Don’t divide resources by channel necessarily. Divide them by funnel stage. We already saw how customers tend to use specific channels at specific times:

shopping industry marketing channels

In this case, your social and display ad budgets can work together for a singular goal: create awareness. Then, you can play with resource allocation further down the funnel to squeeze out better results.

For example, AdWords search ads tend to be expensive. So can you retarget previous site visitors with Google Shopping campaigns or Facebook Dynamic Product ads to get similar results for less?

You can create a product feed that works for both, listing out all new product details.

product feed

Then both platforms allow you to create templated ads that will automatically pull in data based on each individual’s experience.

If someone looks a “rainbow colored umbrella” on your site but doesn’t buy before leaving, guess what they’ll see on Facebook?

Jasper's Boutique facebook remarketing ad

The Honest Company has seen a “34% increase in click-through rates and a 38% reduction in cost per purchase” with these ads, according to Facebook.

How is increasing results while decreasing costs possible?

Retargeting campaigns like these also help you stretch labor. Getting them up-and-running takes a lot of work. But then you just need to maintain.

The day-to-day execution is largely automated, without requiring someone to individually hover over.

The only problem with this approach? It’s going to mess with your ability to properly attribute sales.

5. Attribution

Back to the $10k ad spend.

Maybe you can spend at least that much on each channel.

Ok, great. Except, how do you measure the ROI of each one? Especially when there’s a good chance a single customer might hit several of those before buying?

Social tends to assist more conversions at the top of the funnel. It helps people discover new products.

Compare that to how people use Google to look for something specific. They express intent by typing in the exact product they’re looking for. So it’s not a huge leap to say the conversions should be better, too.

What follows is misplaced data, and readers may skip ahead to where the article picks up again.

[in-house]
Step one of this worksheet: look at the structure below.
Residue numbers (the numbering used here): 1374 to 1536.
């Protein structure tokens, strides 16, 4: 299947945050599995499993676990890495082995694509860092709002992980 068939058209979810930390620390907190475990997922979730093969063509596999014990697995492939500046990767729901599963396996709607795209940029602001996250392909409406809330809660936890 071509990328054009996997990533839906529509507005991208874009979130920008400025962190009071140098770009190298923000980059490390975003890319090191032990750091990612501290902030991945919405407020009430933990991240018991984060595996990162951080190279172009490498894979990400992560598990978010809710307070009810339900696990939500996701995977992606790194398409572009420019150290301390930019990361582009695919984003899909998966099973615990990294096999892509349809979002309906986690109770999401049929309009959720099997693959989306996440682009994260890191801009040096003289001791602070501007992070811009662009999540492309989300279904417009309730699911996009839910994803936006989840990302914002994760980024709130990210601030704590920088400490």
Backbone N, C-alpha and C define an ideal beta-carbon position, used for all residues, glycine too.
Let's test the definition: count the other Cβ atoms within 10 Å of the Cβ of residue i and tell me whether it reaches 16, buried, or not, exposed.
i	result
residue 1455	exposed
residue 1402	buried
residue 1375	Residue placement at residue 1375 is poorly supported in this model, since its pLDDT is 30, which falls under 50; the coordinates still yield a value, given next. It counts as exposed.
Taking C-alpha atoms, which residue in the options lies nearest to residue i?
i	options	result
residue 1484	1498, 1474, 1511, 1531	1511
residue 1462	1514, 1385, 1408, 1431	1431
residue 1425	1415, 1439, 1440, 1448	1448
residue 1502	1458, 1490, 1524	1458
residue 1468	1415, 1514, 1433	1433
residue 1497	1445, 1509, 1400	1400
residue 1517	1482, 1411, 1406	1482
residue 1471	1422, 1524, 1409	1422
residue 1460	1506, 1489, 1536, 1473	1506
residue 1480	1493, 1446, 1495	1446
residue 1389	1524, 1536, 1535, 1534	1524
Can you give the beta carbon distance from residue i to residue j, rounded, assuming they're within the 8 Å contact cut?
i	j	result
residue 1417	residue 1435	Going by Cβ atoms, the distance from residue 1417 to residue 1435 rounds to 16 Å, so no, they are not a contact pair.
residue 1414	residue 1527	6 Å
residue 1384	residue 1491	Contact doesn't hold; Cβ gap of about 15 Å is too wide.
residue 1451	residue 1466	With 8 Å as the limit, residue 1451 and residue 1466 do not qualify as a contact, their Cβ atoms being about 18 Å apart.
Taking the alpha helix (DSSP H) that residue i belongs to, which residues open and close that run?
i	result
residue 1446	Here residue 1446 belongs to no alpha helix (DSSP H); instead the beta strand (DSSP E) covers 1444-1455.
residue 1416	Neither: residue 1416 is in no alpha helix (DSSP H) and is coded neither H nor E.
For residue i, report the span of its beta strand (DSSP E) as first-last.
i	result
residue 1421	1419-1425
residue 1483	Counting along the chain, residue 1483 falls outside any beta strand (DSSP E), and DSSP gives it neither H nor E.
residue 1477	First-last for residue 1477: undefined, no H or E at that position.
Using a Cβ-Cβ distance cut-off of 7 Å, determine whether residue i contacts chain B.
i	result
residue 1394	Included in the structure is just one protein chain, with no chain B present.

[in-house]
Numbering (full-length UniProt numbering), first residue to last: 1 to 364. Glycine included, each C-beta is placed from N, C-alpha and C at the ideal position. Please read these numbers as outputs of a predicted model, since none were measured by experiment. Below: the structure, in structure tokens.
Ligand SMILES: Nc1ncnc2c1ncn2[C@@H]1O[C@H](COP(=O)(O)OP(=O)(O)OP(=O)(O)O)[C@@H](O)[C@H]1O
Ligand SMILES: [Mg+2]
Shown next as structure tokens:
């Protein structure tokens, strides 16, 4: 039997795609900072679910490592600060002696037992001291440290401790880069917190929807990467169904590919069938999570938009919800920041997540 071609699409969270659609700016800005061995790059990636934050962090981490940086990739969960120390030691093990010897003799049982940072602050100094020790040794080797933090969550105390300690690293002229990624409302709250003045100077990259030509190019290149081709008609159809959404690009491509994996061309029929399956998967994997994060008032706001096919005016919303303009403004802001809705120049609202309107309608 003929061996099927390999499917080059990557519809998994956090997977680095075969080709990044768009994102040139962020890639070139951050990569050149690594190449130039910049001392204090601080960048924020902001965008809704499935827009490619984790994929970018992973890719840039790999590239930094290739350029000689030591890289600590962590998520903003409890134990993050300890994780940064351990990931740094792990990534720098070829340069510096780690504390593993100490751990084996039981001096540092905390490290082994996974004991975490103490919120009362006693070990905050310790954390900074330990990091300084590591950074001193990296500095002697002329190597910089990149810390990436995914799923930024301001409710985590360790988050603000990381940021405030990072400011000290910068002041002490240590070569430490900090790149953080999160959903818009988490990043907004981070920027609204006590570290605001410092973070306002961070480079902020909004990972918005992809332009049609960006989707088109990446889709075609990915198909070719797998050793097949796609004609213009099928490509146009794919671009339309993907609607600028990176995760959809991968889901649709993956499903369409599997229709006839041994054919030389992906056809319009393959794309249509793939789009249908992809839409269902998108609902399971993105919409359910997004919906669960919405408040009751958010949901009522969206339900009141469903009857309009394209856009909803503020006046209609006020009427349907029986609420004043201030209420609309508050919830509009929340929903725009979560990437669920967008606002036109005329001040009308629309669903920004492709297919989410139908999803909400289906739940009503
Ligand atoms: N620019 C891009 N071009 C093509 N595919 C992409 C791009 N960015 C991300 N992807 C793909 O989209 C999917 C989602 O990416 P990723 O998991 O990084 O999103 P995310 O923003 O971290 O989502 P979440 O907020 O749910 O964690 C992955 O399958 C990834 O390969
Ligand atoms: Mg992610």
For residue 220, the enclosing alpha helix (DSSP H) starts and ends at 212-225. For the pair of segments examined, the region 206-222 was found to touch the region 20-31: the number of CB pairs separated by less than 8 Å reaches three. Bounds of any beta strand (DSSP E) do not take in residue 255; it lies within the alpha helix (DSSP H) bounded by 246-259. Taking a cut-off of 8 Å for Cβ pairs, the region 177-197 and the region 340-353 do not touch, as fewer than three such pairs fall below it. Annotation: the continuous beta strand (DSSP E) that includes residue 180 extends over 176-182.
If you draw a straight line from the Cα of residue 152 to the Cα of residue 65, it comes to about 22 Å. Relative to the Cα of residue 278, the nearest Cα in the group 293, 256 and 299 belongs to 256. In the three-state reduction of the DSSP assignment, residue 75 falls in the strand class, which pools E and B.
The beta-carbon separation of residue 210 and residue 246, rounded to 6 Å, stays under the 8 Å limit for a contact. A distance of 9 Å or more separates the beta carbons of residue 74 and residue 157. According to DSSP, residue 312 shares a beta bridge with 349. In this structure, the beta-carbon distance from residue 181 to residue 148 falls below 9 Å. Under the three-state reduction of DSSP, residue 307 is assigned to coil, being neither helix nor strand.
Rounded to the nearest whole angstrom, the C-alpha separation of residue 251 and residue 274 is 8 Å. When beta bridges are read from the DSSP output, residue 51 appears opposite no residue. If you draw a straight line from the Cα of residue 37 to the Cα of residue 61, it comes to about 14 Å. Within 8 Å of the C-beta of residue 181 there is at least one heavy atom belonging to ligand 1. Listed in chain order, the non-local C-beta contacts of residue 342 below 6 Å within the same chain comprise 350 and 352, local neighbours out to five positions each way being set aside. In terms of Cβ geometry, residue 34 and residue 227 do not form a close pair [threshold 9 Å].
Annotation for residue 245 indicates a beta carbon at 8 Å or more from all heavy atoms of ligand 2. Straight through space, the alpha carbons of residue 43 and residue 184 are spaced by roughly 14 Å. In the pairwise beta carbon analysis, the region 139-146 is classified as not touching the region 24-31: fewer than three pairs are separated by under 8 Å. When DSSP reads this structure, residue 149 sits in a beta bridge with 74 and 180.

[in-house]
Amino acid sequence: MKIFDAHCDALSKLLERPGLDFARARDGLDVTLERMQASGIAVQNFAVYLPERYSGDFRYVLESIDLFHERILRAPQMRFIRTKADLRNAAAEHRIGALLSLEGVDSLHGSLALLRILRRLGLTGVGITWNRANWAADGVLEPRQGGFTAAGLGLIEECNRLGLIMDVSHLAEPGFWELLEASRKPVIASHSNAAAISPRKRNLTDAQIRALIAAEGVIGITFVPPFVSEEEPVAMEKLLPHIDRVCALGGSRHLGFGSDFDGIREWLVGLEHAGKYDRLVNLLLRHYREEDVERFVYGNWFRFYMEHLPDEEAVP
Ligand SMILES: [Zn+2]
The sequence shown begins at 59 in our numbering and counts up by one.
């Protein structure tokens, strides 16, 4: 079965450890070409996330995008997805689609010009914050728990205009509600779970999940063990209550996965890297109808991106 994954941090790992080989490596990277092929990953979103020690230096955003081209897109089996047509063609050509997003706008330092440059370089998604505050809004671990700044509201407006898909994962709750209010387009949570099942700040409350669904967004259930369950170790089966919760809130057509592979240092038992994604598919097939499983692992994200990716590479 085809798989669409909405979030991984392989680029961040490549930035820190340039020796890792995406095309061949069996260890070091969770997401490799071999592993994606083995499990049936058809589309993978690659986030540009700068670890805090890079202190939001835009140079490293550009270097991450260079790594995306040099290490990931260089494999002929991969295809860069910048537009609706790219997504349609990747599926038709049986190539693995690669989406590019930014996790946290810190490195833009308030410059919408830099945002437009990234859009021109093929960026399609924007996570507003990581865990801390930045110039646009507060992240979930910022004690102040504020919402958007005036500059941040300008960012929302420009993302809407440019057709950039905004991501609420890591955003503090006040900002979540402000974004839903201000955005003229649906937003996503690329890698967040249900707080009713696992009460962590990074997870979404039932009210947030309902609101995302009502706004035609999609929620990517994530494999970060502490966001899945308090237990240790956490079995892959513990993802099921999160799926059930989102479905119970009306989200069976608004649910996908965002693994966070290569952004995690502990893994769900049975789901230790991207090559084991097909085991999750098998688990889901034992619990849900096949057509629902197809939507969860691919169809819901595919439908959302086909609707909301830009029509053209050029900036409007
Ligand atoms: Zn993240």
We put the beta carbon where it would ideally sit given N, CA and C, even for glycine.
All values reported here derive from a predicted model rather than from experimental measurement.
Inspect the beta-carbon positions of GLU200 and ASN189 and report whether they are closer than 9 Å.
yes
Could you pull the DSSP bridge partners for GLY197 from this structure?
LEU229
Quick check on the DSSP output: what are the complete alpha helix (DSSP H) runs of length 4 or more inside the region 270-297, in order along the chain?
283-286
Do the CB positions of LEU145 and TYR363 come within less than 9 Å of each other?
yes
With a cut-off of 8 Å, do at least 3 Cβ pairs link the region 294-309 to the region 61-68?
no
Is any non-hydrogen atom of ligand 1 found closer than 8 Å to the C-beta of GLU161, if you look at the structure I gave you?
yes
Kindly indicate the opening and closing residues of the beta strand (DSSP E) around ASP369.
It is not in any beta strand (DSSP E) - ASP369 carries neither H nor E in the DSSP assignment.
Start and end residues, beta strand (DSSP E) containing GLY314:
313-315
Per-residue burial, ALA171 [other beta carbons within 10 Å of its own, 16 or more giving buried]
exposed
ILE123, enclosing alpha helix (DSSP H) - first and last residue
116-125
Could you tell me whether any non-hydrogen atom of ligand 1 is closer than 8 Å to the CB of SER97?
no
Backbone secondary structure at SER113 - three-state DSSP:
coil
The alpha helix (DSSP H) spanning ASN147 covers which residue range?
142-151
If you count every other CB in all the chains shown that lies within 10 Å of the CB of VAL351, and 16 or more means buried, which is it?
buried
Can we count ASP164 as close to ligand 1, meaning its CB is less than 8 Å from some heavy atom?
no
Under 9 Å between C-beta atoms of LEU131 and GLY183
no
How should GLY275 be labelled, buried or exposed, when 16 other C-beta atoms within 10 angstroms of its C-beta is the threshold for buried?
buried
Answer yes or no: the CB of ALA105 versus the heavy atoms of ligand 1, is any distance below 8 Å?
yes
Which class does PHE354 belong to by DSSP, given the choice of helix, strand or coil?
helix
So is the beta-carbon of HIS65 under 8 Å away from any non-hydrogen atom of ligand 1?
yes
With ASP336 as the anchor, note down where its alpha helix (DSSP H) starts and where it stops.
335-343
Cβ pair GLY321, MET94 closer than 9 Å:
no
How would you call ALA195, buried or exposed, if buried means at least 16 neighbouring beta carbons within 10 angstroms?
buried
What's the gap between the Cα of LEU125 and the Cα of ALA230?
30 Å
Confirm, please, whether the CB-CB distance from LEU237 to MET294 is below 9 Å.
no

And therein lies the problem with multi-channel retailing attribution: one channel will assist a sale that actually happens in another.

It’s not clear-cut. There’s no straightforward, easy answer.

Pull up your own Google Analytics, for instance, and it probably defaults to last-touch attribution. That means it will give 100% of the credit to your PPC or organic search campaign because it was the last channel that drove the customer.

However, that completely neglects all the hard work you’ve done on Facebook to build awareness or Amazon to develop trust.

The other tricky part is that there’s no single, ‘right’ answer when it comes to selecting an attribution model.

attribution models

For example, if your job is to run Facebook ads, you might want a first-touch attribution model that emphasizes how customers find out about you. That way, you could see a direct line between your campaigns and results more clearly.

But if you’re in upper management, you’d probably prefer an attribution model that does a better job ‘blending’ out the performance of all channels together.

The “Assisted Conversions” report inside Google Analytics can help, giving you a better feel for how many conversions (and the overall revenue amounts) were ‘assisted’ by other channels.

Assisted Conversions report

Otherwise, you can also choose an attribution model like like linear which assigns equal weight across all channels, or the position-based one where you can customize the ‘credit’ given to each.

Fortunately, Shopify Plus includes detailed attribution tracking and apps, like the Attribution Connector, which will apply custom algorithms to the data inside your own store to provide more accurate Return on Ad Spend (ROAS) estimates.

Attribution Connector

Shopify Flow

Are you selling everywhere your customers buy?

For an executive look at the present and future of commerce, download The Enterprise Guide to Multi-Channel Ecommerce.

Inside, you’ll get one-pagers detailing …

  • Comprehensive data on the opportunities and threats
  • Merchant spotlights for insights on top channels
  • A checklist for selecting the right multi-channel platform

Access the guide today

Final Thoughts on Multi-Channel Retailing

Multi-channel retailing gives customers a better experience and can make you more money in the long run. Unfortunately, that strategy doesn’t come without its operational struggles.

The answer?

Take the opposite approach internally. Centralize and streamline your multi-channel operations as much as possible, while still remaining flexible enough to support multi-channel retailing.

It might not be an easy transition. But the potential value can far exceed the costs.

Photo of Brad Smith

About the Author

Brad Smith is the founder of Codeless, a SaaS content creation company. Frequent contributor to Kissmetrics, Unbounce, WordStream, AdEspresso, Search Engine Journal, Canva, and more.